Agile Scramble - getting to design solutions fast

Updated: Oct 29, 2019


Ever had a creative project where you need a solution fast? In this post I'll show you a process which can help your team to collaborate and align to create positioning, messaging and visuals at super-sonic speed.

In golf, there is a game called "Texas Scramble". Two or more players form a team. Each player hits a tee shot on each hole, but everyone in the team plays from their next shot from the place of the best shot. As a team they get close to the hole, minimising mistakes and working together.

I have used this "Scramble" technique with creative teams to get them close to the end result for years. In effect, it becomes the basis of a "design sprint" which quickly eradicates ideas which are not working and helps teams focus on ideas that are.

I've found this powerful and agile way of working creates a great team environment, does not rely on one person, can improve the creativity of less experienced members of the team, can speed up the creative process, minimises mistakes and can produce brilliant end results.


Source: Unsplash. Credit: Courtney Prather


Here's how it works:

1. Briefing

It is crucial that a good brief, filled with purpose has been obtained. Who is the audience? What is the end goal? What is the story this piece of creativity needs to communicate? How will this concept be used? The more information the better.

Appoint a creative leader to facilitate discussions and keep order through the process.

Once the information has been obtained and a creative leader appointed, assemble your team - I would suggest away from desks, in a breakout area or meeting room.

The creative leader should then lead the briefing ensuring a clear destination for the process is defined. For example:

"Our idea must communicate the concept of how the product has the power of transforming our audience's lives. Our audience are Mothers with two or more children who have the following pain points... "

2. Research & Moodboards

In this stage, the group goes away (Scrambles) for a set amount of time. Their mission is to research other places where this type of message has been communicated. In our example, they might like to focus on different themes of the communication we are seeking to achieve, like "transformation" or "power". They must glean visuals, sketches and ideas from anywhere they can - museums, books, magazines, sketch pads, scrapbooks and, of course, the internet. Notice I have put the internet last - I often find sending teams off into a city or giving them some space outside of a desk can produce interesting results!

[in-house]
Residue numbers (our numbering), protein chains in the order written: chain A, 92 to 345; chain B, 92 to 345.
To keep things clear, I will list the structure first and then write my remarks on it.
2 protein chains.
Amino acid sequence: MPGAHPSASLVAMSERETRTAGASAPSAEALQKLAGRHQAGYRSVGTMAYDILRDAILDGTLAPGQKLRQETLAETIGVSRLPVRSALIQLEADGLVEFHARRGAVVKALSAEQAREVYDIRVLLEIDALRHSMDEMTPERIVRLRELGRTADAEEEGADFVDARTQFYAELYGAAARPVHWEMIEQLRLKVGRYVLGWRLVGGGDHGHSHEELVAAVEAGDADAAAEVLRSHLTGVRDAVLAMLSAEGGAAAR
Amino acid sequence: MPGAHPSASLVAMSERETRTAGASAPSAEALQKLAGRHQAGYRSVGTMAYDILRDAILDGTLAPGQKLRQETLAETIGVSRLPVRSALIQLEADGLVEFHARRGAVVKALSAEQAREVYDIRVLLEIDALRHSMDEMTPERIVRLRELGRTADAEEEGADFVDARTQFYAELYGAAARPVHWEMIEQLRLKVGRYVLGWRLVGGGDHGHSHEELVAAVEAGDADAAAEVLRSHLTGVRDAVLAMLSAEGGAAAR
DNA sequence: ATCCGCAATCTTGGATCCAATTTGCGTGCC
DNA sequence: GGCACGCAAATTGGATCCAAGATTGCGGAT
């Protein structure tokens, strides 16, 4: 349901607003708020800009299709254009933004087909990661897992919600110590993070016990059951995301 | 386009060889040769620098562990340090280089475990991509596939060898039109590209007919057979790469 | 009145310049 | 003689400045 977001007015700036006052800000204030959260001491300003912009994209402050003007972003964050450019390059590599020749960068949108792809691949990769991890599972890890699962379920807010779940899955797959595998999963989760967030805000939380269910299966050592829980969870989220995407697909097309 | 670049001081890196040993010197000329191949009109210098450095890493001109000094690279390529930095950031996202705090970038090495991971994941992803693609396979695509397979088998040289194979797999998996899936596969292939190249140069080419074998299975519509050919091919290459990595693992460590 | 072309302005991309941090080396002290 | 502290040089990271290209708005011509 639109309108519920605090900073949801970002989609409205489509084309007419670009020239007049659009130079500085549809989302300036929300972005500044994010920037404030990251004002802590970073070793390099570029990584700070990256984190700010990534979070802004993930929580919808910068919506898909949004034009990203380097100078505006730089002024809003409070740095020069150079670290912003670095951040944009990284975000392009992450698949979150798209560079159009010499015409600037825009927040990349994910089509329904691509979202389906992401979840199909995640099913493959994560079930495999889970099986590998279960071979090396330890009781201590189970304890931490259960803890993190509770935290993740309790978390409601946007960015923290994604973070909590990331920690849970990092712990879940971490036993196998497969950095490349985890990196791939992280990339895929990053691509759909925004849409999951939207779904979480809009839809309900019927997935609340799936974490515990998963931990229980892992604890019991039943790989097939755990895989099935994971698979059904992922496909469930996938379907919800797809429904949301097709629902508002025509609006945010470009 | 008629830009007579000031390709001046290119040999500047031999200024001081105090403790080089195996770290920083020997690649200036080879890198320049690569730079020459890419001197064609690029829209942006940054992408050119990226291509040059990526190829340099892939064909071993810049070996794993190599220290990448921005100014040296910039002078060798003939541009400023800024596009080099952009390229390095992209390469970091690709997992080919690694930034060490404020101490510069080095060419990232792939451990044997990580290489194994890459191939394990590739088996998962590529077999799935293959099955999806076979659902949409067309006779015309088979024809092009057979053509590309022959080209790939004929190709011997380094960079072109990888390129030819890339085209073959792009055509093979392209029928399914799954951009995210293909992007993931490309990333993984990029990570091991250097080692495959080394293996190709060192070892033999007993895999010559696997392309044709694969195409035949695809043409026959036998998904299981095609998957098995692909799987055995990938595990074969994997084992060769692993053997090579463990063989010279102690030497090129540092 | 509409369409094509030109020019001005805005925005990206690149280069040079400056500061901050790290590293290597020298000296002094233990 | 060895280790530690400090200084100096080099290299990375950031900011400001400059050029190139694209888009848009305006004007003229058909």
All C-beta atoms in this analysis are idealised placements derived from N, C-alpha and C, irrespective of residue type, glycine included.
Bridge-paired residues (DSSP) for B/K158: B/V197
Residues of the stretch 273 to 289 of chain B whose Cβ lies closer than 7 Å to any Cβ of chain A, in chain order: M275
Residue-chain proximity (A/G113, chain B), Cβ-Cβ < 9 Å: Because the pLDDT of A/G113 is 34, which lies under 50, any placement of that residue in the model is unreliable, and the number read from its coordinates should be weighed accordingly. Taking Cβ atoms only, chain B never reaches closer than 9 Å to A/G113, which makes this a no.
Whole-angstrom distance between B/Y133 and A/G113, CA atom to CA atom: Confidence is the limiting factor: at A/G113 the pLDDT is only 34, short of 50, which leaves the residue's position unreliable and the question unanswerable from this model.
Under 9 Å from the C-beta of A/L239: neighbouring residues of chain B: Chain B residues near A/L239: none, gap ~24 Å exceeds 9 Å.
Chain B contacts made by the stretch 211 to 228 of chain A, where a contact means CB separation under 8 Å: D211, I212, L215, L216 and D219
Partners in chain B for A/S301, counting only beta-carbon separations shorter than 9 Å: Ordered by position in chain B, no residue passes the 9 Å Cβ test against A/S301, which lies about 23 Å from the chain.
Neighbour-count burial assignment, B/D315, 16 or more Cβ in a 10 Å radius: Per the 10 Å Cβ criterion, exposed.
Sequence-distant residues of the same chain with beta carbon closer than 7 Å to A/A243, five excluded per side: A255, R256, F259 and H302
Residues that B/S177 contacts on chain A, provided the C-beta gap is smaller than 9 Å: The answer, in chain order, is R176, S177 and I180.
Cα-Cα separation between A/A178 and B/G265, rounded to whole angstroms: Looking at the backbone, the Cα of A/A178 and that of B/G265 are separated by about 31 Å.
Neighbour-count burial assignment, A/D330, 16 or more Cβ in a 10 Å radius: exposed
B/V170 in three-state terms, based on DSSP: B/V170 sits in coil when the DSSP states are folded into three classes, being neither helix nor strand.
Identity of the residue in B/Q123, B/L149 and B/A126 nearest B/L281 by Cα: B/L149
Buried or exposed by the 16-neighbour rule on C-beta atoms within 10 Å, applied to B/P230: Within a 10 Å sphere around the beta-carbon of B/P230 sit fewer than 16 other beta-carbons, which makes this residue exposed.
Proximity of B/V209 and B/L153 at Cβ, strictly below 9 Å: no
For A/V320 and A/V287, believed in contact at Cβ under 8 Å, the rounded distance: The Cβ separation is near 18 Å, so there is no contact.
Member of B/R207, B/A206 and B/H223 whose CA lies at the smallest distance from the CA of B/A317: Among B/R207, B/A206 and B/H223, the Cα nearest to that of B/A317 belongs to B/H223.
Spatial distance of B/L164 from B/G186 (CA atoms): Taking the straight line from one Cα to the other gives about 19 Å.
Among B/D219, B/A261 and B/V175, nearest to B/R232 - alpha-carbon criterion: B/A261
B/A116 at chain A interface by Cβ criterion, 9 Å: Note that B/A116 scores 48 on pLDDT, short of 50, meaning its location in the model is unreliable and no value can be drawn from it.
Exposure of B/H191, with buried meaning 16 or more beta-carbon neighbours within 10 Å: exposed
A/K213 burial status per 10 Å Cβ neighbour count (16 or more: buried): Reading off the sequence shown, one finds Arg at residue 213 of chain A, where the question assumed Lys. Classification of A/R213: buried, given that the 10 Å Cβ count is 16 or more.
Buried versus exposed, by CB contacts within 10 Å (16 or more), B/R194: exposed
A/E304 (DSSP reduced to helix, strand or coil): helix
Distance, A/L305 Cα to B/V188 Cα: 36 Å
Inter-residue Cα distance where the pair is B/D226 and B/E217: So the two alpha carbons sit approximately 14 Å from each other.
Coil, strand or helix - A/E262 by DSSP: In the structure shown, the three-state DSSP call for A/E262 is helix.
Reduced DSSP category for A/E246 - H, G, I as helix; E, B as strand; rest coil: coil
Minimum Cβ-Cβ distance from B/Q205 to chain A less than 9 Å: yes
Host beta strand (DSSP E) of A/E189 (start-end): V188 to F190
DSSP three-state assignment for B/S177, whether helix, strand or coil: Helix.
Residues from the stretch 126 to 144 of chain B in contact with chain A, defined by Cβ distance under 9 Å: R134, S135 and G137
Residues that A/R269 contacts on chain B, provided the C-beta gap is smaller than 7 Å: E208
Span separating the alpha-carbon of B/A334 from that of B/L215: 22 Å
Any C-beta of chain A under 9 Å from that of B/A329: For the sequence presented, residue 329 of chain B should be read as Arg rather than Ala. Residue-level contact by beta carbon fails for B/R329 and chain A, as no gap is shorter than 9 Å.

Towards the end of the set time, each team member must group their findings and produce 3 mood-boards.

When the group comes together these are presented and discussed.

The creative lead should then select 3 or 4 ideas which the group feel are most 'on brief'.

Like in Texas Scramble the team go again and focus in on these selected ideas getting everyone nearer the end goal.

3. Concept refinement

Now it is up to each person in the group to 'scramble' and better refine and develop each of the 4 ideas within a set time. Designers would begin to think about how each of the 4 ideas could begin to actually work. Copywriters might begin to work on tag lines for each idea. Everyone takes personal responsibility adopting the 4 ideas and running with them.

Again when the group reassembles each idea is presented. Here a concept or a couple of concepts might be selected to complete final development on. These concepts should now be very close to fulfilling the challenge of the original brief.

4. Final Concept Refinement

Further refinement is then completed by the team on the concept. At this stage it should be being polished, systems of usage should be being considered. Photoshoots might be taking place or final illustrations are drawn up. Copy can begin to be written.

As this progresses it is always an idea to define the rules by which the idea and style is being executed. These operate as a consistency guide for the team.

5. Final concept

At the end of the process a final, shiny concept emerges. Depending on the desired output set at the start this end concept would vary in terms of how it is delivered and what it is.

Typically speaking the end result would be a visual system which communicates a message using text and visuals.

The concept funnel


This process can be illustrated in the above "concept funnel". It is essential though that the original brief is clear and effective - what you put in highly affects what comes out!

It might be also worth noting that stakeholders outside of the creative team (e.g. marketing, product managers, clients - or even customers etc.) can be included throughout or in the team huddles/meet-ups at the end of each stage to select what goes through to the next. This allows for a wider buy-in that can contribute to the adoption of the final concept.

Process Benefits:

  • Everyone in the team feels involved

  • Minimise mistakes

  • It is fun and competitive

  • It does not rely on one person

  • Speeds up the creative process

  • Improves the creativity of less experienced members of the team

So - I hope you have found this useful. Keep coming back from more creative tools and brand methodology.


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